Next item on the plot agenda. They’ve been told to expect an investigator from the adoption agency. Guess what happens? Richard, still on his way to the shower, is wearing a button down shirt and boxers, and carrying a towel. He sees a mouse. He swats at the mouse all over the room with the towel. The doorbell rings. Richard sarongs the towel and answers, to see . . . a beautiful woman with a French accent. (Seriously, I couldn’t make this stuff up.) He invites her in, assuming from her cryptic screenwriter’s hints that she’s collecting for charity. He offers her a drink, then whips of the towel to go tearing around after the mouse some more. Meanwhile, he’s had a couple drinks. She asks him pointed questions. “They say that people drink to escape. What are you trying to escape, Mr. Widmark? [or whatever]” He twinkles, “The ravages of alcohol.” She asks him what ages of a child’s life are the most important, developmentally. “Five to seven,” he says, “because that’s the cocktail hour!” Seriously. Then right on cue, Gig comes in. Richard steps out, I forget why, at which point Gig, who’s been put down as the prospective parents’ character reference, tries to pick up the smokin’ French dame. The wives come in, the deception is revealed, the French dame leaves, tears and anger and feigned innocence all around. The wives retreat to next door, the husbands commiserate. Gig convinces Richard that he needs to relax: that if he weren’t so uptight these kinds of things wouldn’t happen. If he chased tail like Gig did, then he’d probably even be relaxed enough to finally get his wife pregnant! Seriously, !!! So Gig leaves, leaving behind a gift of tranquilizer tablets—“You need em more than I do!” Richard has another drink, and the doorbell rings again.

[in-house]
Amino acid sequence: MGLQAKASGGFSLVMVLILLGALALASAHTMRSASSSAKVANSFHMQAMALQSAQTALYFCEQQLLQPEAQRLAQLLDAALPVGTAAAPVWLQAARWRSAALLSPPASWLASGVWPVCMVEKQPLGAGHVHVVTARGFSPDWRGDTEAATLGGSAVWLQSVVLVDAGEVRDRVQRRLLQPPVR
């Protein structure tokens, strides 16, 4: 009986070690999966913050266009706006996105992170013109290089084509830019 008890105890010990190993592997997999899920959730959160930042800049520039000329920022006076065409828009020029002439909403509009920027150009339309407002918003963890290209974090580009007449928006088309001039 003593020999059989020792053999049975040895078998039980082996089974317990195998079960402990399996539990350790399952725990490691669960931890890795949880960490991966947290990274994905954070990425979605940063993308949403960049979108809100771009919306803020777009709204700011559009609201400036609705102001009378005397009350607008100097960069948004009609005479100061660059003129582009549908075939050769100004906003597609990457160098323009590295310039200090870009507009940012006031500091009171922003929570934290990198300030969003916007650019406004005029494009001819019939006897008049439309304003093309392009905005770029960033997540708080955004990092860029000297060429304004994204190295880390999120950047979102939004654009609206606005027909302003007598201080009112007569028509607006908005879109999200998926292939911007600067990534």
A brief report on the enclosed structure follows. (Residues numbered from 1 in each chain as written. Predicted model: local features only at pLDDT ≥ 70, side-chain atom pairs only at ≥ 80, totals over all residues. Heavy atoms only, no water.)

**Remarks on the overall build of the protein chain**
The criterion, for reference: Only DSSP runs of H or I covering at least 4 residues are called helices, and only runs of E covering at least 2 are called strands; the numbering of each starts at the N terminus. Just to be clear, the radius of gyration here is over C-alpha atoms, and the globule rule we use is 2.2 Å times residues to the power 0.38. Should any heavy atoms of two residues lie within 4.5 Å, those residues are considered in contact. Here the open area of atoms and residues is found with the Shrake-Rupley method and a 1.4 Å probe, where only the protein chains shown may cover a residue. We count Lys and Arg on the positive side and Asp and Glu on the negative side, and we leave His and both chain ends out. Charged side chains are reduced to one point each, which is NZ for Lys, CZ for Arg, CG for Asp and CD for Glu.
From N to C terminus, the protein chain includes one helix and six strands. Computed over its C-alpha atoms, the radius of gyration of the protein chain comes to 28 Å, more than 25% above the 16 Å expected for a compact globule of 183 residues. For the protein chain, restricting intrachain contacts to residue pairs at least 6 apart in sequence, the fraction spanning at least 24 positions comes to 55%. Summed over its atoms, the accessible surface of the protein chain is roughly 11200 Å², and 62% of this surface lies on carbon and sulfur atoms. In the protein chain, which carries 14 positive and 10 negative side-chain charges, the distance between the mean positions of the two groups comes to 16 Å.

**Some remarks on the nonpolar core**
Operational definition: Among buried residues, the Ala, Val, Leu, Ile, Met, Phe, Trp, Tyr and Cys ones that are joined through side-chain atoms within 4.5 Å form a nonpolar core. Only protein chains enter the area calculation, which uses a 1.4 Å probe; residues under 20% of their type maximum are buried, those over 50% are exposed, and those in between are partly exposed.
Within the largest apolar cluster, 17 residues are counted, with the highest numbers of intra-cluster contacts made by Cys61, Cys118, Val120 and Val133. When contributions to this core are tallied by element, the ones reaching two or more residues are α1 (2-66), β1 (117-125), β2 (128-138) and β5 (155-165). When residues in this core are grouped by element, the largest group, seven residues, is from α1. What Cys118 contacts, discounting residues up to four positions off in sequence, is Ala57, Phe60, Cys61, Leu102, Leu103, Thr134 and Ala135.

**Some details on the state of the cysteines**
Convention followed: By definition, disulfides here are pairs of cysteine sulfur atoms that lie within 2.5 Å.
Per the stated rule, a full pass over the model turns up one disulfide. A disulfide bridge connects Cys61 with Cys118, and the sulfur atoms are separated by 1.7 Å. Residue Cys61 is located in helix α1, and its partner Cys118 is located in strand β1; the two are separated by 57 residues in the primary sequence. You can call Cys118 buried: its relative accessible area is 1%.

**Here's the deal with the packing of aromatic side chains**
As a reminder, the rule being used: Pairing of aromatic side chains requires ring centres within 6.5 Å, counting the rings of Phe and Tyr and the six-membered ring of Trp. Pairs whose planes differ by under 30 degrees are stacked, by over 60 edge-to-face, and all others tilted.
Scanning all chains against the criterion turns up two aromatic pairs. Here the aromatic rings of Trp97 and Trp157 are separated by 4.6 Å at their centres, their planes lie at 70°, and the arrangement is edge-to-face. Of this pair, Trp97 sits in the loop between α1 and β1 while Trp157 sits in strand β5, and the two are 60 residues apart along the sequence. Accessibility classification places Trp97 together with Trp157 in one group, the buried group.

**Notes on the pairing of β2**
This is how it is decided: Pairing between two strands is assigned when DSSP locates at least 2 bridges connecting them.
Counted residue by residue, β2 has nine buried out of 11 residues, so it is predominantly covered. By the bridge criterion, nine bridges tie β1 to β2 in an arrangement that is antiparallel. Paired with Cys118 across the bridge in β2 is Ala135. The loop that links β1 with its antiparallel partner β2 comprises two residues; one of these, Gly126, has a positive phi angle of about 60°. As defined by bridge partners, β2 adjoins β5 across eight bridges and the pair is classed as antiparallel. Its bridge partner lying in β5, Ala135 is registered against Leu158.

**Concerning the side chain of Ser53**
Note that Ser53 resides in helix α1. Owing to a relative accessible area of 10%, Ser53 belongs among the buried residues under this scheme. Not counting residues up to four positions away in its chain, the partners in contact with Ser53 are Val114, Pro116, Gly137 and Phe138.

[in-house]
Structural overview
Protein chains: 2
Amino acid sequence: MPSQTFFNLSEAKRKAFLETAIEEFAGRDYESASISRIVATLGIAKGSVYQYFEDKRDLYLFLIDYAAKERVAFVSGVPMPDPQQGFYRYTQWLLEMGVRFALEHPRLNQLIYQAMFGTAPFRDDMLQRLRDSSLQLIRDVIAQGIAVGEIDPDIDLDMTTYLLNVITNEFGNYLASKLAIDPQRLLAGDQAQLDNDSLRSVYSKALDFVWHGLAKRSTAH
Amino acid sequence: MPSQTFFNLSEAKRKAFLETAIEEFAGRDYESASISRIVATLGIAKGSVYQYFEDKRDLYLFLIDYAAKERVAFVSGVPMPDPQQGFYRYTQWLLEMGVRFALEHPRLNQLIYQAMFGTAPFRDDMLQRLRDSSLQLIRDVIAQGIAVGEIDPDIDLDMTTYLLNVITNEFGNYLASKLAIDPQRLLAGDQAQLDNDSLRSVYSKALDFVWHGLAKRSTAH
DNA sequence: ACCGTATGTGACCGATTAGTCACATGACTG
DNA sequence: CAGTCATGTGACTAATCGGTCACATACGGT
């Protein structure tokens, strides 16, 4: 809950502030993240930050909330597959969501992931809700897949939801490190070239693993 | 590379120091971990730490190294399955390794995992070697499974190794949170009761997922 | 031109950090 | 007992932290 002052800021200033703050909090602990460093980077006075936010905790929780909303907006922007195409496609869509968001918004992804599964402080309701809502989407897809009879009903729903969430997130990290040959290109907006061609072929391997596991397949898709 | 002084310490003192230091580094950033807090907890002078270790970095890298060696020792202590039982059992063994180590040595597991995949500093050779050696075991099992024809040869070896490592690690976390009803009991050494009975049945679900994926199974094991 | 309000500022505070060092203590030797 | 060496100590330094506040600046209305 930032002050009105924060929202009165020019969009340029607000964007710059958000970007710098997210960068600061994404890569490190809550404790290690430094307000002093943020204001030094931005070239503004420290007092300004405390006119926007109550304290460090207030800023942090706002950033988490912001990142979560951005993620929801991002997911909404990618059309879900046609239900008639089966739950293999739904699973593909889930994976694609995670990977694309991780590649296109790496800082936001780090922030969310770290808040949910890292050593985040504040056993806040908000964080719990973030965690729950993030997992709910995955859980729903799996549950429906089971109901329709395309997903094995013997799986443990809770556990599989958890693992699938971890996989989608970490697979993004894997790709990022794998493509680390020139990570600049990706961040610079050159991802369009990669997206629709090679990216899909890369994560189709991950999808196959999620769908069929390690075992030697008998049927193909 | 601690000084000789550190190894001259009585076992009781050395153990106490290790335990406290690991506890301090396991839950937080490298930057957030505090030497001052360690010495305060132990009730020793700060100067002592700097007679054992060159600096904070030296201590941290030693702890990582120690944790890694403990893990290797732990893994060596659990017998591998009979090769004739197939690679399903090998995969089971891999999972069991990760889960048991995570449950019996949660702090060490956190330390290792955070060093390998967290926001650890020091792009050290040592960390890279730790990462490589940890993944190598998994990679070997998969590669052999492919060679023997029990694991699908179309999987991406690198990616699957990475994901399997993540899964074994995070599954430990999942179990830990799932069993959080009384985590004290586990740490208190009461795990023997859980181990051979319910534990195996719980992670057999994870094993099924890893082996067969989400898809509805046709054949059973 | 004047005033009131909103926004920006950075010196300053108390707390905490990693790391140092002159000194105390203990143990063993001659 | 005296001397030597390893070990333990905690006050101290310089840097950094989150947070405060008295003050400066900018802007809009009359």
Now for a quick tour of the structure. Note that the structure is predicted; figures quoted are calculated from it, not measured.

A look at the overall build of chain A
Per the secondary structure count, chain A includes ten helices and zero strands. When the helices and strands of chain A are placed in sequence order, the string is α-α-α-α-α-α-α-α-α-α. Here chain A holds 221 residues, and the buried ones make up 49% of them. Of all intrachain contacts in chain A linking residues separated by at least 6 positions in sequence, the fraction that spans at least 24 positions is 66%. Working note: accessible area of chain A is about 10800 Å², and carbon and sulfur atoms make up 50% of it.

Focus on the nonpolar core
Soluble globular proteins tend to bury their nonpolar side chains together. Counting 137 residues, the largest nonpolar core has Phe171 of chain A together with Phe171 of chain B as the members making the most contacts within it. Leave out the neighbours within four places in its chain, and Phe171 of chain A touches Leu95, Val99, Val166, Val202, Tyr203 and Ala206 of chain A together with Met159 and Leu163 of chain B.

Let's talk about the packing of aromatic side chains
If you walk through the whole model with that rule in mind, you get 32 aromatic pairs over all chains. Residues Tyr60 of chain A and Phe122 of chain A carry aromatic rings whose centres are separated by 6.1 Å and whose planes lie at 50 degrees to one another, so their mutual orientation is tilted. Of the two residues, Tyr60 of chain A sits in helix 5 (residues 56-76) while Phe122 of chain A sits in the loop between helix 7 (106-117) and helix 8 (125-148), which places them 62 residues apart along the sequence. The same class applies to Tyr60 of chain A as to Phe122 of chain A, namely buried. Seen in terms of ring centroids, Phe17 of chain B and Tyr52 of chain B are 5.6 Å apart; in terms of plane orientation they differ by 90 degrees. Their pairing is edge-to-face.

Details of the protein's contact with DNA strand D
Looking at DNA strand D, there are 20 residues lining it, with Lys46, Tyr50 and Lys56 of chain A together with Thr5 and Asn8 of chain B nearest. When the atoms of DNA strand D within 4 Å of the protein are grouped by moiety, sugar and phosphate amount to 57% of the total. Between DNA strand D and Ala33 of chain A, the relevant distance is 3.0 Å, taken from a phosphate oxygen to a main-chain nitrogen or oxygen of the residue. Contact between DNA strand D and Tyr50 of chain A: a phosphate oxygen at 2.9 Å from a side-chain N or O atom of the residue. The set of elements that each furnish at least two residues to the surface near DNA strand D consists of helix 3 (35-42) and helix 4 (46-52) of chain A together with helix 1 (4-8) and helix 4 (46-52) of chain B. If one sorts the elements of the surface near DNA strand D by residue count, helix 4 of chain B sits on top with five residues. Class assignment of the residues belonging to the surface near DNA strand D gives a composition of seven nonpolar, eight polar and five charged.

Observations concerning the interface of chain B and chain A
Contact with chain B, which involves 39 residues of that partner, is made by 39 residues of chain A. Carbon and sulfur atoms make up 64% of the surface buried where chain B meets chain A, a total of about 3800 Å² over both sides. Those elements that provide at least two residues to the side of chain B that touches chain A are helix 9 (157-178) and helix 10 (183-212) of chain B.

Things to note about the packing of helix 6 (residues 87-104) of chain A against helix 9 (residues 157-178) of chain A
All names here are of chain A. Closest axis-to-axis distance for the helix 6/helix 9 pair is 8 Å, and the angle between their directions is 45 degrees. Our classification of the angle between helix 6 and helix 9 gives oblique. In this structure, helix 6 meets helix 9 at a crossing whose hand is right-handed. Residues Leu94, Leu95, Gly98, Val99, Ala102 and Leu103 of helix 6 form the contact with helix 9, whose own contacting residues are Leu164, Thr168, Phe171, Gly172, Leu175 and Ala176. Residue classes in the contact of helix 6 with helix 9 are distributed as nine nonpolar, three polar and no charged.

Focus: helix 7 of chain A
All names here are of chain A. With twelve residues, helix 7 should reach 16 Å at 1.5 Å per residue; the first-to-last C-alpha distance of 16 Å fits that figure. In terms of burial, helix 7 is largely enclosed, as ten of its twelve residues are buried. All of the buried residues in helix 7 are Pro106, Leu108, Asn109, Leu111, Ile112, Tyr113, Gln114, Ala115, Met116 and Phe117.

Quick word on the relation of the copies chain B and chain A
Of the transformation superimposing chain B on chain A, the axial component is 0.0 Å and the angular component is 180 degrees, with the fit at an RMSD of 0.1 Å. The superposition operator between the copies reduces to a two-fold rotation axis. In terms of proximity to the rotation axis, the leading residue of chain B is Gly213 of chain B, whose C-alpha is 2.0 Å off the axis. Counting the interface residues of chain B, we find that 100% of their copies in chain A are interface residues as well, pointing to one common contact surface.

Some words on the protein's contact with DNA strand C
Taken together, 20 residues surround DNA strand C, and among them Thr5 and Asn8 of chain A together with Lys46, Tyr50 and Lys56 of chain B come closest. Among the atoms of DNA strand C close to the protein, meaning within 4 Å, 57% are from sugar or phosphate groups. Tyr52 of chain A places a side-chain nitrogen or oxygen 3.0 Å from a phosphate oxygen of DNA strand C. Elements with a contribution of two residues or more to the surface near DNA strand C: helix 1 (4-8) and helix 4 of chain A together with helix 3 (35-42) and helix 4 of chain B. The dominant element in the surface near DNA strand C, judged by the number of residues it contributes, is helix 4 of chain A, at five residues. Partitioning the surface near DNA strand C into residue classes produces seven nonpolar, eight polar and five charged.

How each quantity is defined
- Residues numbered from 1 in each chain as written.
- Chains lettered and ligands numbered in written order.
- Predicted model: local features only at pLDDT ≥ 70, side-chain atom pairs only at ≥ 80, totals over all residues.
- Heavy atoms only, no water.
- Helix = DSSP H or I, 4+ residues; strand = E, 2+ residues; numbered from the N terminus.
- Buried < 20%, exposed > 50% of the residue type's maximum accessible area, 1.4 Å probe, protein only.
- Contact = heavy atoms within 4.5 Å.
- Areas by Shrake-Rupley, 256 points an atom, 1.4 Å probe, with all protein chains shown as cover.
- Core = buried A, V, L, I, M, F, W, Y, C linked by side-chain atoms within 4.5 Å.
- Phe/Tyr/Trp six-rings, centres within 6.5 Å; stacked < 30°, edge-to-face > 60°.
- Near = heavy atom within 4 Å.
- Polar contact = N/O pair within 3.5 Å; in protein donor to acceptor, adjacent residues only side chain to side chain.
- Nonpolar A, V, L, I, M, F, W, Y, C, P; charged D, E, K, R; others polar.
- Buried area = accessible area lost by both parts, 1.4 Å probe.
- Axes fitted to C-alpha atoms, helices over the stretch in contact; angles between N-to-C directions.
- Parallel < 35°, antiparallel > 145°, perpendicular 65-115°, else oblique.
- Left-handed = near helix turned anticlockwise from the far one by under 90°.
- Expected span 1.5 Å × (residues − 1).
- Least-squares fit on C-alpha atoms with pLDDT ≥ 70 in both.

Still not making this up.

You know who’s at the door, right? Oui. Coming back to apologize for her hasty judgment. Offering to reconsider if they find another character reference. And then she goes, “I’ll take that drink now.” !!! Do I even have to go on?

Richard takes Gig’s advice and, long story not quite so long, wakes up in a motel with no memory of the previous evening, and a note thanking him for a lovely evening, written in a French accent. (Could that have been a veiled reference to a “French letter”? Nah.)